He stands, setting a twenty on the bar before tucking his wallet back into his pocket. Alex always carries cash. I don’t know why. I’ve asked at least three times. He’s answered. I still don’t know why, because his answer was either too boring or too intellectually complex for my brain to even bother retaining the memory.
“Doesn’t change the fact that you’re an absolute freak,” he says.
“You love me,” I point out, the tiniest bit defensive.
He loops an arm around my shoulders and looks down at me, another small, contained smile on his full lips. His face is a sieve, only letting out the smallest amount of expression at a time. “I know that,” he says.
I grin up at him. “I love you back.”
He fights the widening of his smile, keeps it small and faint. “I know that too.”
The tequila has me feeling sleepy, lazy, and I let myself lean into him as we start toward the open door. “This was a good trip,” I say.
“Best yet,” he agrees, the cool rain gusting in around us like confetti from a cannon. His arm curls in a little closer, warm and heavy around me, his clean cedarwood smell folding over my shoulders like a cape.
“I haven’t even minded the rain much,” I say as we step into the thick, wet night, all buzzing mosquitoes and palm trees shivering from the distant thunder.
“I’ve preferred it.” Alex lifts his arm from my shoulder to curl over my head, transforming himself into a makeshift human umbrella as we sprint across the flooding road toward our little red rental car. When we reach it, he breaks away and opens my door first—we scored a discount by taking a car without automatic locks or windows—then runs around the hood and hurls himself into the driver’s seat.
Alex flicks the car into gear, the full-tilt AC hissing its arctic blast against our wet clothes as he pulls out of our parking space and turns toward our rental house.
“I just realized,” he says, “we didn’t take any pictures at the bar for your blog.”
I start to laugh, then realize he’s not kidding. “Alex, none of my readers want to see pictures of BAR. They don’t even want to read about BAR.”
He shrugs. “I didn’t think BAR was that bad.”
“You said it smelled like salmonella.”
“Other than that.” He ticks the turn signal on and guides the car down our narrow, palm-tree-lined street.
“Actually, I haven’t really gotten any usable pictures this week.”
Alex frowns and rubs at his eyebrow as he slows toward the gravel driveway ahead.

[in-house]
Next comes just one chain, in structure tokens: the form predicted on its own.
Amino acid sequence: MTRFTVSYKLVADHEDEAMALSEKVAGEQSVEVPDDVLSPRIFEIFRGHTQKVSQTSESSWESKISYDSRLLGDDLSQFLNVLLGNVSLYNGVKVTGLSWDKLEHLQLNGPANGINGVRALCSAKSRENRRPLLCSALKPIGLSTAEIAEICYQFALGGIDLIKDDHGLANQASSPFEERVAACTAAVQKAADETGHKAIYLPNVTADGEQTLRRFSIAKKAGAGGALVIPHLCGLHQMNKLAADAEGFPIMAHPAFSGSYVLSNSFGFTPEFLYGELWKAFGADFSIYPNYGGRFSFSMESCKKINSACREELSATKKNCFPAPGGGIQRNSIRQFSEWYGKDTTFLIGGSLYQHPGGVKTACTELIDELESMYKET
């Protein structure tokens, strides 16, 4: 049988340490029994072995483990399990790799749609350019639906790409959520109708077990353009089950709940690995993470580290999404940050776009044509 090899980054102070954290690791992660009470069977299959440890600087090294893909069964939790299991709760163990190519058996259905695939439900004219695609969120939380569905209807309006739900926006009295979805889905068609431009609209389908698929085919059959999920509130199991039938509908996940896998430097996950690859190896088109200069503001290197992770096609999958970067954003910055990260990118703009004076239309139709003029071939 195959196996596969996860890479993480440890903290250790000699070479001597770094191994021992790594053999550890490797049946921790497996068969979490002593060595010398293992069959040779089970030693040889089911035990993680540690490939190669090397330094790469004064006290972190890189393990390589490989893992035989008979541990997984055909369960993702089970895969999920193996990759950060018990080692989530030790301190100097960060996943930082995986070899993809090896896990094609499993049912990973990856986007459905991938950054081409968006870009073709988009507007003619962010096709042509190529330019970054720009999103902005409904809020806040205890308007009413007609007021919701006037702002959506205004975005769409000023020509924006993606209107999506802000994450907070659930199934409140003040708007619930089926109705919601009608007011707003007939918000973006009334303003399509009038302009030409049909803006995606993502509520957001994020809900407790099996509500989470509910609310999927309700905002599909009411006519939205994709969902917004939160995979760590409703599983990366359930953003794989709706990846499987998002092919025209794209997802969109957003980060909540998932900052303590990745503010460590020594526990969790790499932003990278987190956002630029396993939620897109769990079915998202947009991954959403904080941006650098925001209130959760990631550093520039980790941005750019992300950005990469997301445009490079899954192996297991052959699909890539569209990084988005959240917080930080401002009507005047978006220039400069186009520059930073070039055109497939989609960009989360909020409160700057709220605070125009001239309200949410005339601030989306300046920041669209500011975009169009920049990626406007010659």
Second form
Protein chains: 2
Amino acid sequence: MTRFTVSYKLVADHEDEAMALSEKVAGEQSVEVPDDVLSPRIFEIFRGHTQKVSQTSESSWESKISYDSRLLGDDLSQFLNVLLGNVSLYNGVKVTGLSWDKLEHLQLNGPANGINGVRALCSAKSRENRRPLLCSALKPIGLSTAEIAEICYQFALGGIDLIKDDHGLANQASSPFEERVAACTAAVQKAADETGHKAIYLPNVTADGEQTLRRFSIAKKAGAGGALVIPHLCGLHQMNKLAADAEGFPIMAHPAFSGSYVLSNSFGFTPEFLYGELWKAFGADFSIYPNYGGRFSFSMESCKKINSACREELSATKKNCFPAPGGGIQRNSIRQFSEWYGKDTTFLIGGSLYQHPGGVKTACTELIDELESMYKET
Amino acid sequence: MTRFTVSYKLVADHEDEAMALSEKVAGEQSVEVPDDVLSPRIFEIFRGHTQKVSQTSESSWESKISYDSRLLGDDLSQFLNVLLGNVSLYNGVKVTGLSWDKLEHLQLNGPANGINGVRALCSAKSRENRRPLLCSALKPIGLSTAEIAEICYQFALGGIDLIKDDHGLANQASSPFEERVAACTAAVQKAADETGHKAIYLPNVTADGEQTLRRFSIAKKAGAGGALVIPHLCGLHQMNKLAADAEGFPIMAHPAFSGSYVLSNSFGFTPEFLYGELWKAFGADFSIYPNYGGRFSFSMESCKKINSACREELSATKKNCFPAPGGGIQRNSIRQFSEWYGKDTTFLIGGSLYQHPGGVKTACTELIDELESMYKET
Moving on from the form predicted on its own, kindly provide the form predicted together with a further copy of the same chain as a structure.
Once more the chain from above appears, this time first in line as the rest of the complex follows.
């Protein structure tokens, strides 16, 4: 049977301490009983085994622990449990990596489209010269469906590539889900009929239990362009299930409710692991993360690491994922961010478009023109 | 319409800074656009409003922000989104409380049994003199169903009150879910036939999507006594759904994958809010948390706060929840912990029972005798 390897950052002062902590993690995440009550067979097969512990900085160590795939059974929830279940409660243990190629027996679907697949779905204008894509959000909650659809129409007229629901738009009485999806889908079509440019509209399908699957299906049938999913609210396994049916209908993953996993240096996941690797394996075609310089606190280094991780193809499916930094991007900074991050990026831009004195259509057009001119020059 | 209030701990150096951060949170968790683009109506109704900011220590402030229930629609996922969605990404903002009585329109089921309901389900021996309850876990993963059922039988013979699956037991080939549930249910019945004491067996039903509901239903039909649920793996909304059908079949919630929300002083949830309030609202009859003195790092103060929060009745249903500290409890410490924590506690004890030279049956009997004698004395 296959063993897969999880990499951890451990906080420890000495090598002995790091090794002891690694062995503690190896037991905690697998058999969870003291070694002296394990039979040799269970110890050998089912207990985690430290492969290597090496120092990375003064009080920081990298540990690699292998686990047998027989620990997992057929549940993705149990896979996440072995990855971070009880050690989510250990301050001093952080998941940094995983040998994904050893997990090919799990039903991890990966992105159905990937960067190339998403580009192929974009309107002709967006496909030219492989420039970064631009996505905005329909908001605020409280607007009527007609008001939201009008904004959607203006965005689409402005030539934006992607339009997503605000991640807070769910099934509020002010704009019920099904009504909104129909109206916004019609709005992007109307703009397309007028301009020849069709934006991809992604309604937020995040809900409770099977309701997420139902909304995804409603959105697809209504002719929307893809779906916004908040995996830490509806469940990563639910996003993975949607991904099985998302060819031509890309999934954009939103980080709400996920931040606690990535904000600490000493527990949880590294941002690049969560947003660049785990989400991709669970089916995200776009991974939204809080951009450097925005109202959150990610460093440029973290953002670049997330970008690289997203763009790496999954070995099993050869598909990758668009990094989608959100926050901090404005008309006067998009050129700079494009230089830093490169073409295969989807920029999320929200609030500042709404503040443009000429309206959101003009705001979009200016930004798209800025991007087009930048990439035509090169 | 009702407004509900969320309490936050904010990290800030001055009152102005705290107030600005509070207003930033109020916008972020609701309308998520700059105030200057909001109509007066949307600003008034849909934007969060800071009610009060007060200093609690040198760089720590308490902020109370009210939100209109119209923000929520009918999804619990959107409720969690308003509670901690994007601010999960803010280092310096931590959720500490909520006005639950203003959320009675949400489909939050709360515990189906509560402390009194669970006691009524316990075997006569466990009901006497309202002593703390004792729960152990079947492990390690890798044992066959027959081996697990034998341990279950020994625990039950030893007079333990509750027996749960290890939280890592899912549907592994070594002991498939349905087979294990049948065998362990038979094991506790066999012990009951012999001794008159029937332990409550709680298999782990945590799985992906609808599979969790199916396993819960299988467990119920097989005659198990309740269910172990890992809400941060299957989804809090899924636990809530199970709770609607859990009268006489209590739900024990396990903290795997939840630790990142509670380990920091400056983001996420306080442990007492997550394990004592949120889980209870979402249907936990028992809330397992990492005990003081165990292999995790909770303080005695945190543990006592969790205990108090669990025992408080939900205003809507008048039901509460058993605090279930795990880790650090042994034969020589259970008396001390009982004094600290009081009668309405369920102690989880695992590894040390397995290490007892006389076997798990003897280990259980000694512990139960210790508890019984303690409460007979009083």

“Other than the ones you took,” I add quickly. The pictures Alex volunteered to take for my social media are truly terrible. But I love him so much for being willing to take them that I already picked out the least atrocious one and posted it. I’m making one of those awful midword faces, shriek-laughing something at him as he tries—badly—to give me direction, and the storm clouds are visibly forming over me, as if I’m summoning the apocalypse to Sanibel Island myself. But at least you can tell I’m happy in it.
When I look at that photo, I don’t remember what Alex said to me to elicit that face, or what I yelled back at him. But I feel that same rush of warmth I get when I think about any of our past summer trips.
That crush of happiness, that feeling that this is what life’s about: being somewhere beautiful, with someone you love.
I tried to write something about that in the caption, but it was hard to explain.
Usually my posts are all about how to travel on a budget, make the most of the least, but when you’ve got a hundred thousand people following your beach vacation, it’s ideal to show them . . . a beach vacation.
In the past week, we’ve had approximately forty minutes total on the shore of Sanibel Island. The rest has been spent holed up in bars and restaurants, bookstores and vintage shops, plus a whole lot of time in the shabby bungalow we’re renting, eating popcorn and counting lightning streaks. We’ve gotten no tans, seen no tropical fish, done no snorkeling or sunbathing on catamarans, or much of anything aside from falling in and out of sleep on the squashy sofa with a Twilight Zone marathon humming its way into our dreams.
There are places you can see in their full glory, with or without sunshine, but this isn’t one of them.
“Hey,” Alex says as he puts the car in park.
“Let’s take a picture,” he says. “Together.”
“You hate having your picture taken,” I point out. Which has always been weird to me, because on a technical level, Alex is extremely handsome.
“I know,” Alex says, “but it’s dark and I want to remember this.”
“Okay,” I say. “Yeah. Let’s take one.”
I reach for my phone, but he already has his out. Only instead of holding it up with the screen facing us so we can see ourselves, he has it flipped around, the regular camera fixed on us rather than the front-facing one. “What are you doing?” I say, reaching for his phone. “That’s what selfie mode’s for, you grandpa.”
“No!” he laughs, jerking it out of reach. “It’s not for your blog— we don’t have to look good. We just have to look like ourselves. If we have it on selfie mode I won’t even want to take one.”
“You need help for your face dysmorphia,” I tell him.
“How many thousands of pictures have I taken for you, Poppy?” he says. “Let’s just do this one how I want to.”
“Okay, fine.” I lean across the console, settling in against his damp chest, his head ducking a little to compensate for our height difference.
“One . . . two—” The flash pops off before he ever gets to three.